furies), fractured bâtarde (fifteenth to
sixteenth centuries), and spiked bâtarde
(fifteenth to sixteenth centuries). The
Bohemian bâtarde was of great impor¬
tance for the development of fraktur.
Wonderful examples of Italian bâ¬
tarde are to be found in the books of
Tagliente and Palatino. Italian modifi¬
cations influenced writers from Spain to
the Netherlands. Among the German
bâtardes those from the Upper Rhine
and Franconia deserve special mention.
The earlier shows a relationship to the
French bâtarde; the latter presents a par¬
ticularly mature type, which is the basis
for other German scripts (Figure 244).
To achieve the flowing rhythm so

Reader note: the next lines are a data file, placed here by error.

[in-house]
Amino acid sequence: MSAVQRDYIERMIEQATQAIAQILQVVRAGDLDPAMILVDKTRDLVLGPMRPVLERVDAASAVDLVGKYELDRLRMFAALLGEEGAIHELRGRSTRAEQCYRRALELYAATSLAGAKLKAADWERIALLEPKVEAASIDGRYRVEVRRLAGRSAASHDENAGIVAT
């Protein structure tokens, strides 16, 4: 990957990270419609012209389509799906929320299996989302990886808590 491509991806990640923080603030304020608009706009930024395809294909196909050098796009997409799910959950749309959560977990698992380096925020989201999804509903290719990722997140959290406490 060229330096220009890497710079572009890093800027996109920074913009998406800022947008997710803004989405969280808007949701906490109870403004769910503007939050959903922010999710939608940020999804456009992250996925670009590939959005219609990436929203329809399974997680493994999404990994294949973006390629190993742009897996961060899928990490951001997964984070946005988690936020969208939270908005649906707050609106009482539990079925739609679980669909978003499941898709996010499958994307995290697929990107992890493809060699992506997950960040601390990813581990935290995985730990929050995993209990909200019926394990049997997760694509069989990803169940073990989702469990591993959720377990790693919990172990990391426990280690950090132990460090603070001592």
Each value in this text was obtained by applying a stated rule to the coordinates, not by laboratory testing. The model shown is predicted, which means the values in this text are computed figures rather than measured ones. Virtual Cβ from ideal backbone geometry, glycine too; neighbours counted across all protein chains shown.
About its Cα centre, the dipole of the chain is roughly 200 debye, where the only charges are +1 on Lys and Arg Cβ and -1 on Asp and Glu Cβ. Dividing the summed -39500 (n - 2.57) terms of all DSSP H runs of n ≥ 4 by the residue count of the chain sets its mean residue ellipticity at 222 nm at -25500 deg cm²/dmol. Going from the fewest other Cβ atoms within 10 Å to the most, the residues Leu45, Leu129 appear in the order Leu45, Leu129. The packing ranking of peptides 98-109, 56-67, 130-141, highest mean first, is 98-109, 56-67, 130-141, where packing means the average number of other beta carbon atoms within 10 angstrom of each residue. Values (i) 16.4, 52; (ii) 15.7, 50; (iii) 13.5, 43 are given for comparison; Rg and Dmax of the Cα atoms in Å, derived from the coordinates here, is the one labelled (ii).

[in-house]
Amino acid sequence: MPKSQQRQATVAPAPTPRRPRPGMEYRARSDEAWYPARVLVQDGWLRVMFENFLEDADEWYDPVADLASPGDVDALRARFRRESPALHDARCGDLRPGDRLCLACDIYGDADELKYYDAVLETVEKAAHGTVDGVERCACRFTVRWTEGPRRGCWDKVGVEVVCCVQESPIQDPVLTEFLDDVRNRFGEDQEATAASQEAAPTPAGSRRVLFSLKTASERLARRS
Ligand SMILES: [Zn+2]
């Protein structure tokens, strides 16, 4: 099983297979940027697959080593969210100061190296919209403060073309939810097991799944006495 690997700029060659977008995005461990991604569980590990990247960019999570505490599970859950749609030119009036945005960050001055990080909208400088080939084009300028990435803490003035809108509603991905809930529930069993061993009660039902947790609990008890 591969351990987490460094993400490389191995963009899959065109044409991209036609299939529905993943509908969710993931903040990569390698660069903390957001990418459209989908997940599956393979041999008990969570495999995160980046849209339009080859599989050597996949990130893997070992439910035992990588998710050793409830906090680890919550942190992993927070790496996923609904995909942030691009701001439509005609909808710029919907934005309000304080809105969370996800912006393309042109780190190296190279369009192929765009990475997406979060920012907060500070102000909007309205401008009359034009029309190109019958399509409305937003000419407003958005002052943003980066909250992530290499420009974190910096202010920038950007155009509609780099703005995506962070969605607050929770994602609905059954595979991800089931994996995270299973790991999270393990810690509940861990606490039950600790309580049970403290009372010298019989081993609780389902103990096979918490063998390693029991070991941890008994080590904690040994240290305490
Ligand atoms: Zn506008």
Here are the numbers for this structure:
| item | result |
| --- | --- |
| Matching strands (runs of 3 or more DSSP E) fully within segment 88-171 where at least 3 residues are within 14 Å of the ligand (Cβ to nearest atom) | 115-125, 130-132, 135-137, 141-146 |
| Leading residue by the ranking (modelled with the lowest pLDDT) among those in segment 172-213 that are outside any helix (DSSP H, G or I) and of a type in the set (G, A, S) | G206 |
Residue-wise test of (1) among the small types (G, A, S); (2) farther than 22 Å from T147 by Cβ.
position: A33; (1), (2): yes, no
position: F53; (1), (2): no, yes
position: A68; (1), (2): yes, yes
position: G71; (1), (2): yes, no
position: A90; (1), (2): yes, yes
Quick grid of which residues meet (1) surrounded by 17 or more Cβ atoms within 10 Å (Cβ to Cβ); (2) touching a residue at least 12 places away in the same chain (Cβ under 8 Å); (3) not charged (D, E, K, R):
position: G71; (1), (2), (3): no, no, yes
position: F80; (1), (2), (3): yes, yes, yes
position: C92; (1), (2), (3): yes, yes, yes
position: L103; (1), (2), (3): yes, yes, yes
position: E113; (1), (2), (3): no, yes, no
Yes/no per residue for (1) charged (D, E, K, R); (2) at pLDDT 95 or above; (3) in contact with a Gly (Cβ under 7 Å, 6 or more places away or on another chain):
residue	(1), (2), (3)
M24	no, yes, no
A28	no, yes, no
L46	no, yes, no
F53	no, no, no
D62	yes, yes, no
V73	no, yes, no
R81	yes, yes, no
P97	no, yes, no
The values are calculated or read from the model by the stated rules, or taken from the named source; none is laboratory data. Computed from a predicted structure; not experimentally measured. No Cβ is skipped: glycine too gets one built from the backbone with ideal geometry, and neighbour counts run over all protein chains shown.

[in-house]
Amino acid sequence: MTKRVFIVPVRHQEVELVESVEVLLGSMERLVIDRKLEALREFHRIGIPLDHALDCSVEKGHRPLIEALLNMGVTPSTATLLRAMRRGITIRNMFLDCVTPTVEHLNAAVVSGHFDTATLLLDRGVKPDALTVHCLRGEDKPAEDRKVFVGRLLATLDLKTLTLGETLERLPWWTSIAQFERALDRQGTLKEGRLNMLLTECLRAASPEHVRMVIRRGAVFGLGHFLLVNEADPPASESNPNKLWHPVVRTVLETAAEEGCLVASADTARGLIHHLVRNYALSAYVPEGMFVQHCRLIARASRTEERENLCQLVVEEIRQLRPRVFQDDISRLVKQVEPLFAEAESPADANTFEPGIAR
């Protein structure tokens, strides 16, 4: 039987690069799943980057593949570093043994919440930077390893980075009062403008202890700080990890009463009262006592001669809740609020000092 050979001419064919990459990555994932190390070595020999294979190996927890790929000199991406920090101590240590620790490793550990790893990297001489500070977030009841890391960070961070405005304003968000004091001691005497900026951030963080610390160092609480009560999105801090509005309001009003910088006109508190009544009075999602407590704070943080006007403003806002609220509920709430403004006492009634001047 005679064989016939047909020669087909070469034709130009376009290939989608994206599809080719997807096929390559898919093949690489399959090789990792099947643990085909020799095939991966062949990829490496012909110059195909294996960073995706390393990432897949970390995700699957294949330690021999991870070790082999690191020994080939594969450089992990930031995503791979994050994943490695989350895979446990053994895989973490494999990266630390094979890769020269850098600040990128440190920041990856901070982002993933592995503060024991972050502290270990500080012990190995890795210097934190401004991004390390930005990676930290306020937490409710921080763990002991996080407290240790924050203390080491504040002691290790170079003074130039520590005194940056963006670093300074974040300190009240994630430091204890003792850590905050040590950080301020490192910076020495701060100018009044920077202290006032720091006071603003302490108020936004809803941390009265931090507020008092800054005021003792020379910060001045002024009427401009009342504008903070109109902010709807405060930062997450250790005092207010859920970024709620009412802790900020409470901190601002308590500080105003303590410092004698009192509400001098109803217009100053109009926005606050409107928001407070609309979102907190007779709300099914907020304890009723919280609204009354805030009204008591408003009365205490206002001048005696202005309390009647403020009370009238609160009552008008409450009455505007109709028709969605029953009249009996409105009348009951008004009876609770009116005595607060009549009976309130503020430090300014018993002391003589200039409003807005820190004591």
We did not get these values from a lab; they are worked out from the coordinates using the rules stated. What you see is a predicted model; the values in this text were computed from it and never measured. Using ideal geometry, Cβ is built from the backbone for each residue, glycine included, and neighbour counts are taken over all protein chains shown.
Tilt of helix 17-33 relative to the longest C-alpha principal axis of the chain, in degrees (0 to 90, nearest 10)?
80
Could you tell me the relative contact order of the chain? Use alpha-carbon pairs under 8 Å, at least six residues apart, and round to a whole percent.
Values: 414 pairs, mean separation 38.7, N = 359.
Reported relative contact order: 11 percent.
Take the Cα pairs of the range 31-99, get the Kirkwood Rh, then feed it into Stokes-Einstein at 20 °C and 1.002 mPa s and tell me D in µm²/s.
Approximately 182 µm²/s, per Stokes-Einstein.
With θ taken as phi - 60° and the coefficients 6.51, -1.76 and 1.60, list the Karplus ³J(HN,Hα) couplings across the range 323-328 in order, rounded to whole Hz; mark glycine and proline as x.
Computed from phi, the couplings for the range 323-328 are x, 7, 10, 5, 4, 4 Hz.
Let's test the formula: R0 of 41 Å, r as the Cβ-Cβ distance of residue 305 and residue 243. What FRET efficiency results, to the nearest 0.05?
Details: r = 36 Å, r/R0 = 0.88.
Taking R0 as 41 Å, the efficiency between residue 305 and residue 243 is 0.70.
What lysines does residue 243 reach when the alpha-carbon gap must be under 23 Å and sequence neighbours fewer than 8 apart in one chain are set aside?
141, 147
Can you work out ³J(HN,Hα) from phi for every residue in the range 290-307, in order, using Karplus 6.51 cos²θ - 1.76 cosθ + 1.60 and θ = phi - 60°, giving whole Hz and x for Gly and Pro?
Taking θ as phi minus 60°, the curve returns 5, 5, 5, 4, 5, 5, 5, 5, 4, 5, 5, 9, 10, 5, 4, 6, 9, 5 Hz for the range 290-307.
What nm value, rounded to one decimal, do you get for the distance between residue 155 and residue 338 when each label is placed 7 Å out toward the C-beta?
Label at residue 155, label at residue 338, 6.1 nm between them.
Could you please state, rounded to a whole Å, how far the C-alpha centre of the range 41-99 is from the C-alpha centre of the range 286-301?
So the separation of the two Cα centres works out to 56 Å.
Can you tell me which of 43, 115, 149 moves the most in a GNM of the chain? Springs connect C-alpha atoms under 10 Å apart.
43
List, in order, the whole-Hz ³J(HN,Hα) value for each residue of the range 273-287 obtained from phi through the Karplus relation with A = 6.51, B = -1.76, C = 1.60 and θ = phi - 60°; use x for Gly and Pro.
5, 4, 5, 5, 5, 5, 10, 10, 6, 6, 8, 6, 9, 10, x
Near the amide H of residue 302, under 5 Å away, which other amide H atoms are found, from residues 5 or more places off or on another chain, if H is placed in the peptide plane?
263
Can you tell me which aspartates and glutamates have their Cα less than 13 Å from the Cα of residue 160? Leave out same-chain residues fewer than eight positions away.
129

typical of the bâtarde scripts, practice
the group m-n-u and add one letter after
the other (Figure 245). Study historical
models carefully before you attempt any
variations of your own. Copying is a
useful activity, and it is important to
assimilate a rich supply of historical in¬
formation into one's own repertoire.
246 Bâtarde. Study by the author.
247 Bâtarde capitals. Study by the author.
248 French bâtarde. Study by the author.
249 Bâtarde. Study by the author.
On page 97:
250 Bâtarde. Study by Alfred Kapr.
251 Bâtarde. Study by Alfred Kapr.
252 Bâtarde. Study by Alfred Kapr.
253 Bâtarde. Study by the author.
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